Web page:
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Abstract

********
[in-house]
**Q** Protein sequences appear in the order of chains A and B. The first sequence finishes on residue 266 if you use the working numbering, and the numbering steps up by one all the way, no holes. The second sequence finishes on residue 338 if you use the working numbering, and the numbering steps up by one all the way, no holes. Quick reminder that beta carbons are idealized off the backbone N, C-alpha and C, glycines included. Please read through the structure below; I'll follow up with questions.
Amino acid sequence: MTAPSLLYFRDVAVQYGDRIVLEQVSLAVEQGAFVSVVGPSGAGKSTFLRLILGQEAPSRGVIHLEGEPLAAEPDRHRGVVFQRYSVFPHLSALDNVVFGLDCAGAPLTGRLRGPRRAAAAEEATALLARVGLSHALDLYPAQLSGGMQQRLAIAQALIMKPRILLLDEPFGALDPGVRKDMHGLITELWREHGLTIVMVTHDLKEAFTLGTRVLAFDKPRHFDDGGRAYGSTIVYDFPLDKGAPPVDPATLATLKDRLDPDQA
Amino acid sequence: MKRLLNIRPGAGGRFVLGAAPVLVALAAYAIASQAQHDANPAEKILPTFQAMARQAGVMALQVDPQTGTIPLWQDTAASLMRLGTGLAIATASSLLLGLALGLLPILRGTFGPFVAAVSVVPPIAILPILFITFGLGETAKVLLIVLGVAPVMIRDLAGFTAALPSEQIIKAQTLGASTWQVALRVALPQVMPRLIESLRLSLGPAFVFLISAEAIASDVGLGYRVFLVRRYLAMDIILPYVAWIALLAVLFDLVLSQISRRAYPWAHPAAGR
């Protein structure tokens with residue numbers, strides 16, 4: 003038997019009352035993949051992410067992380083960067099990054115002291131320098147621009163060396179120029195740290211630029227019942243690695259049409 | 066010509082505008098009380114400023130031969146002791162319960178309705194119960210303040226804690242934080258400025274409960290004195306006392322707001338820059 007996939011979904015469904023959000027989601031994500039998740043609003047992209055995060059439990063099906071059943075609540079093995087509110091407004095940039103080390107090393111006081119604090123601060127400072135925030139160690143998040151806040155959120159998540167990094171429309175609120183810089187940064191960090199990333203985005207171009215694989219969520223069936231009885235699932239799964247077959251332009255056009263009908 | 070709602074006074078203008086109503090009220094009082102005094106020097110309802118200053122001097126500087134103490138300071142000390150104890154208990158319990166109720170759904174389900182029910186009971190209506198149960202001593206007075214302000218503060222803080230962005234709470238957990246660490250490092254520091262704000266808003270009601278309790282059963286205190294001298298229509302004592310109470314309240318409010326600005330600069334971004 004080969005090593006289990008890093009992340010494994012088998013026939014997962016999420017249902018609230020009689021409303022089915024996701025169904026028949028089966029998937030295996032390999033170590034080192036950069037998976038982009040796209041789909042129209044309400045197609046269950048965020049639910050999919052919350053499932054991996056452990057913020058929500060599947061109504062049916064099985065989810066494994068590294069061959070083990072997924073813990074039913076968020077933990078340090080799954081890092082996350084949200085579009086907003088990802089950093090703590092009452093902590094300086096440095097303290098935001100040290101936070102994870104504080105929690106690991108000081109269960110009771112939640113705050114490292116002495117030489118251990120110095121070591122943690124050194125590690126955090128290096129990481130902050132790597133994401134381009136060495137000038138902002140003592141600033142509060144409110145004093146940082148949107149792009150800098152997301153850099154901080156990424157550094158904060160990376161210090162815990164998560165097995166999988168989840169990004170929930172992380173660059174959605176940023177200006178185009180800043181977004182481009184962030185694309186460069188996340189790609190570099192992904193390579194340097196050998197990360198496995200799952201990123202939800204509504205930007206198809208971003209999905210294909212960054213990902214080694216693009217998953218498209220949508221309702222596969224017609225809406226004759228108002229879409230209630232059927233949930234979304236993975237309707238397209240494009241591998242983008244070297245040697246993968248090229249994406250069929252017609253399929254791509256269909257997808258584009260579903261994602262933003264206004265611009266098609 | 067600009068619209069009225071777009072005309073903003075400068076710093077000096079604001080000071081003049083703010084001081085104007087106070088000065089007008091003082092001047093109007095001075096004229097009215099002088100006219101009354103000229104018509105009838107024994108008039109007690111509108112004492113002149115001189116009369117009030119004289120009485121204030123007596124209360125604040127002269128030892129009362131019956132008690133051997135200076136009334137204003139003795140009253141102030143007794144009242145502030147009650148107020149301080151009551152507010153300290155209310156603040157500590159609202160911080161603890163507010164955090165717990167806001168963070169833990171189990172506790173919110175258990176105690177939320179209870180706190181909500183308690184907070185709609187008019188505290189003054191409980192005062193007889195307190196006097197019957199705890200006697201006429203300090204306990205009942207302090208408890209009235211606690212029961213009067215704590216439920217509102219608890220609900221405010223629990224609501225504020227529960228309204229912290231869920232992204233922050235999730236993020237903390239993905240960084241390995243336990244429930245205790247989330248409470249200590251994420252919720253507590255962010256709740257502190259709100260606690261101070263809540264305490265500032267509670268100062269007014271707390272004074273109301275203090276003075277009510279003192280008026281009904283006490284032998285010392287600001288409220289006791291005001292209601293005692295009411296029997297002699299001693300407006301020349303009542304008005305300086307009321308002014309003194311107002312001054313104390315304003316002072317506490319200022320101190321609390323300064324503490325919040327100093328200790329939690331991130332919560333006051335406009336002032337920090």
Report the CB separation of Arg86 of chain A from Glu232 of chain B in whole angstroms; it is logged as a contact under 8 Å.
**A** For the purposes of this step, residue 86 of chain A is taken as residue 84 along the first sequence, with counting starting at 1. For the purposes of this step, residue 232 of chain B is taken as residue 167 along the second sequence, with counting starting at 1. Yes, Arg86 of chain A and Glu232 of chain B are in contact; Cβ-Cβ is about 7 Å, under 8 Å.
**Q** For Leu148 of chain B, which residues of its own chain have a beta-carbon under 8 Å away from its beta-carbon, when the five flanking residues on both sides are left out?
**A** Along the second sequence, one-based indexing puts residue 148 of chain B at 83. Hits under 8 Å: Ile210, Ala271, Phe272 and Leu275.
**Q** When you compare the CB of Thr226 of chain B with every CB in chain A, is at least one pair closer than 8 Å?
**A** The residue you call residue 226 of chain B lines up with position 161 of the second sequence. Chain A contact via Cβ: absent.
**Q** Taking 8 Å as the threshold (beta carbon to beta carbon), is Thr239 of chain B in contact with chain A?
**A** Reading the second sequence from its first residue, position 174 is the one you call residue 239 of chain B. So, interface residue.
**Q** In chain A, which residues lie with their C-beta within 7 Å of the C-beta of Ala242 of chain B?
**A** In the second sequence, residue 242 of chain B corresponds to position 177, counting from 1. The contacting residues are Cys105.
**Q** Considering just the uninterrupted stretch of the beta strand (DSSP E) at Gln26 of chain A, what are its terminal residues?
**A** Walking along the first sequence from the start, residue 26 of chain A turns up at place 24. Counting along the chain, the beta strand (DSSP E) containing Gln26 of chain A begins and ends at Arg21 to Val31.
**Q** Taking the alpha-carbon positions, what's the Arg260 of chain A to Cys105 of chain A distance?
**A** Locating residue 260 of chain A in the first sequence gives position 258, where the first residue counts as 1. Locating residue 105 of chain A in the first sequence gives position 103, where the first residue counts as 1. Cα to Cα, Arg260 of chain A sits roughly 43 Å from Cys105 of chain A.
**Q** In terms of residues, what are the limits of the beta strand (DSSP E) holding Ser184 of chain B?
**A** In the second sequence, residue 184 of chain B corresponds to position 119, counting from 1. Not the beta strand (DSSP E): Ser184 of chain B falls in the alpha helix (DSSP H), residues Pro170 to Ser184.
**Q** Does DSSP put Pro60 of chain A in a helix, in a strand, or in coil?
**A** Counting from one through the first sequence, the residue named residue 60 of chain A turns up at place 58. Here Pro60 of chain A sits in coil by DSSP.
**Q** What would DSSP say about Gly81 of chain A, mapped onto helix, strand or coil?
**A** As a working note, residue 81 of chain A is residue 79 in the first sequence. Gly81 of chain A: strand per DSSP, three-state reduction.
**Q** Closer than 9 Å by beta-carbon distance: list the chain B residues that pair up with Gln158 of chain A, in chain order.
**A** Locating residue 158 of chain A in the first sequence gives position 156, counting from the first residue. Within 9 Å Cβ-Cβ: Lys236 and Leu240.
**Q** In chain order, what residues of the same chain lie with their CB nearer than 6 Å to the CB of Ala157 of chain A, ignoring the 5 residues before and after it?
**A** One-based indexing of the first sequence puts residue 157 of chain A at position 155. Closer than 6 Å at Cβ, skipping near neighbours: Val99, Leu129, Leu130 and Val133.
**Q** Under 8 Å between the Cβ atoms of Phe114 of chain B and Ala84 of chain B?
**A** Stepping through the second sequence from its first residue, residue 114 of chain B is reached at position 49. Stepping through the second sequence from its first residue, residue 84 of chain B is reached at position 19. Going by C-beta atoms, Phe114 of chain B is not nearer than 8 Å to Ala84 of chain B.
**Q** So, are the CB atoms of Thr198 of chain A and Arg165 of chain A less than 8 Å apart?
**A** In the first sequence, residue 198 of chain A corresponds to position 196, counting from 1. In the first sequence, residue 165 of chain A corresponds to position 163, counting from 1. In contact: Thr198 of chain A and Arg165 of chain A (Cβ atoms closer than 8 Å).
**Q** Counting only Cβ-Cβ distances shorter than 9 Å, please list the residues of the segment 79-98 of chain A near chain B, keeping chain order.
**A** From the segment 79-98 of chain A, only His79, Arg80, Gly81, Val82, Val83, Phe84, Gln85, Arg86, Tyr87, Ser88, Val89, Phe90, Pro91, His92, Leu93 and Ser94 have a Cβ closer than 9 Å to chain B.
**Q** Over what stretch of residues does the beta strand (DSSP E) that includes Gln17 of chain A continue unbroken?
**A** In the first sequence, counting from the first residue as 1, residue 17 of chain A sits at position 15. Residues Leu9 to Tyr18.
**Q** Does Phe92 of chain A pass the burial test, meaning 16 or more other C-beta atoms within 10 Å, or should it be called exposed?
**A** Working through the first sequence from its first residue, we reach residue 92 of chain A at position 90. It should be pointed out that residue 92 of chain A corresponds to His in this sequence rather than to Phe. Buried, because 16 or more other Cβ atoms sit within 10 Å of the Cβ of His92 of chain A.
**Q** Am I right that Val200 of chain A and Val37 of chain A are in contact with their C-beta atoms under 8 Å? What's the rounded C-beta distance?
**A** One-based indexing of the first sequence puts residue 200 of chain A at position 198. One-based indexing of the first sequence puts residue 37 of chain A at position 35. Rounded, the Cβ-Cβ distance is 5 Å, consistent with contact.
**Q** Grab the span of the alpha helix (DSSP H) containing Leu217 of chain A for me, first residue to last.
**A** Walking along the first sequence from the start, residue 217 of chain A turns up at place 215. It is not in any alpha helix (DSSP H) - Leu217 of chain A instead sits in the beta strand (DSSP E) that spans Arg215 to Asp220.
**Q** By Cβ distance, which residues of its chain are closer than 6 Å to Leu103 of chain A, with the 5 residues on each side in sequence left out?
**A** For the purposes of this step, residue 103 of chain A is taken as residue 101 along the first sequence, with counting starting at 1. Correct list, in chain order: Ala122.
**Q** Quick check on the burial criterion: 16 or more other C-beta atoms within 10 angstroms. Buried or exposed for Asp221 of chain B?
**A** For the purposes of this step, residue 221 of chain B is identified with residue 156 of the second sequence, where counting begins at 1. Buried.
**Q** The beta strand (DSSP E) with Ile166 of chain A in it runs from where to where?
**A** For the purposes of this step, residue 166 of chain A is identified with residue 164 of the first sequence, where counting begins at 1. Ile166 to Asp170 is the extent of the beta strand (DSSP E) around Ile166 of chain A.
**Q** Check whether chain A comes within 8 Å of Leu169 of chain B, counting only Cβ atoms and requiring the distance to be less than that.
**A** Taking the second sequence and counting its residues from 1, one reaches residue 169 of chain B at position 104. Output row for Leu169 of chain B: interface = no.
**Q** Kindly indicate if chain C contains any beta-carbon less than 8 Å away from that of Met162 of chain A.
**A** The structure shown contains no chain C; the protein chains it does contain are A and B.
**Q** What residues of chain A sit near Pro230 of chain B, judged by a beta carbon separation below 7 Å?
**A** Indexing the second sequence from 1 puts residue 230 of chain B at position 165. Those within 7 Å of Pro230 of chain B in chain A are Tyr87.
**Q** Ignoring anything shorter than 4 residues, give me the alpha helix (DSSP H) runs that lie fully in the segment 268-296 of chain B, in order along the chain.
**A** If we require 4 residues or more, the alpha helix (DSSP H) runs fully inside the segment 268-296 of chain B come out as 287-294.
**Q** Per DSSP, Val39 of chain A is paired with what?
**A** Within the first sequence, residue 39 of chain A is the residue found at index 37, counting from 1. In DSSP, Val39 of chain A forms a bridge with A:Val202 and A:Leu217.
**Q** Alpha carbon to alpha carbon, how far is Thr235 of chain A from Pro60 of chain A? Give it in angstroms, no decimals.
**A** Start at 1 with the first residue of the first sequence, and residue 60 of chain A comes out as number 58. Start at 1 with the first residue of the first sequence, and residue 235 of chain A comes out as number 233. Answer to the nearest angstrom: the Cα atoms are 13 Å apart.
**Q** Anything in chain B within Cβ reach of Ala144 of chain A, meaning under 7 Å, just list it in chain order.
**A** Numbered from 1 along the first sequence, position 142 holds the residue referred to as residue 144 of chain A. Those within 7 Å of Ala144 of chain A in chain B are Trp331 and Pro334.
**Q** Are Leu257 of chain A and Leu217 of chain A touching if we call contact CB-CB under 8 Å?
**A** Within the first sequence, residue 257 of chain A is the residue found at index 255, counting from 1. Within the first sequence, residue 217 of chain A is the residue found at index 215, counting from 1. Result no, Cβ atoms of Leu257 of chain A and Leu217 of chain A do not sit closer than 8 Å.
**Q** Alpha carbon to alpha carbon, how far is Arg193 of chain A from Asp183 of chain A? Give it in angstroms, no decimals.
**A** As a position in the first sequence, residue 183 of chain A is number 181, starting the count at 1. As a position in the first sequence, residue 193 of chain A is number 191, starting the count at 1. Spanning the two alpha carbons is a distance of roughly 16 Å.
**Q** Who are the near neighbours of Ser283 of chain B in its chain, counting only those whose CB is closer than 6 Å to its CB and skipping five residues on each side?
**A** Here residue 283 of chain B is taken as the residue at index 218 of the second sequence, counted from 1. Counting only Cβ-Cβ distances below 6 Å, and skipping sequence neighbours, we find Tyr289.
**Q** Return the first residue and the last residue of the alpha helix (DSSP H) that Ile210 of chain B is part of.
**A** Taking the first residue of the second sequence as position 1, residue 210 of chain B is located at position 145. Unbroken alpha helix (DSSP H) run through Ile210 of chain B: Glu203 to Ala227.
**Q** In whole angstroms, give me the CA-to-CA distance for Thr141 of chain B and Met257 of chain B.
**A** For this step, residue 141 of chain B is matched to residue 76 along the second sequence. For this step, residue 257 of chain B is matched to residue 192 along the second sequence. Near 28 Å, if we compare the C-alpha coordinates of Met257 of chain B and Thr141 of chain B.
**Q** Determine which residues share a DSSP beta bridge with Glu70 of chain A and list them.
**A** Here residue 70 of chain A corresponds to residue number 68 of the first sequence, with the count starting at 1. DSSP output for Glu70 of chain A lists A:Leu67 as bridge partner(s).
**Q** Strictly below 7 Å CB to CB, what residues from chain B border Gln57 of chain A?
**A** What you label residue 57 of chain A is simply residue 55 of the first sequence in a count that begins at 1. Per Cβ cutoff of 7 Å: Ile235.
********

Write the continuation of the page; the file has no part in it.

Urbanization is advancing rapidly in many areas of the United States, yet urban areas occupy only about 10 percent of the Standard Metropolitan Statistical Areas, where there is the greatest concentration of population. Moreover, the current rate of urbanization has had little apparent impact on total U.S. agricultural production. Seventy percent of the U.S. population lives within the Standard Metropolitan Statistical Areas (SMSA's)—counties or groups of counties with urban concentrations of 50,000 or more people. Over 80 percent of the population increase between 1960 and 1970 occurred in SMSA's. About 7 million acres, an average of nearly one-third of an acre per capita population increase, shifted to urban uses within SMSA's during that time. Only 10 percent of the total area of SMSA's was in urban uses in 1970. Twenty-four percent was cropland, 19 percent pasture and range, 32 percent woodland, and 15 percent miscellaneous. SMSA's comprise 13 percent of the land area of the 48 contiguous states; but 17 percent of the farms, 14 percent of cropland harvested, and 21 percent of the value of farm products sold were reported from these areas in 1969. Overall, the proportion of the total value of farm products sold in SMSA's decreased slightly between 1959 and 1969. Of the eight highest valued crops, the proportion produced within SMSA's increased for four crops and decreased for the others during this period.

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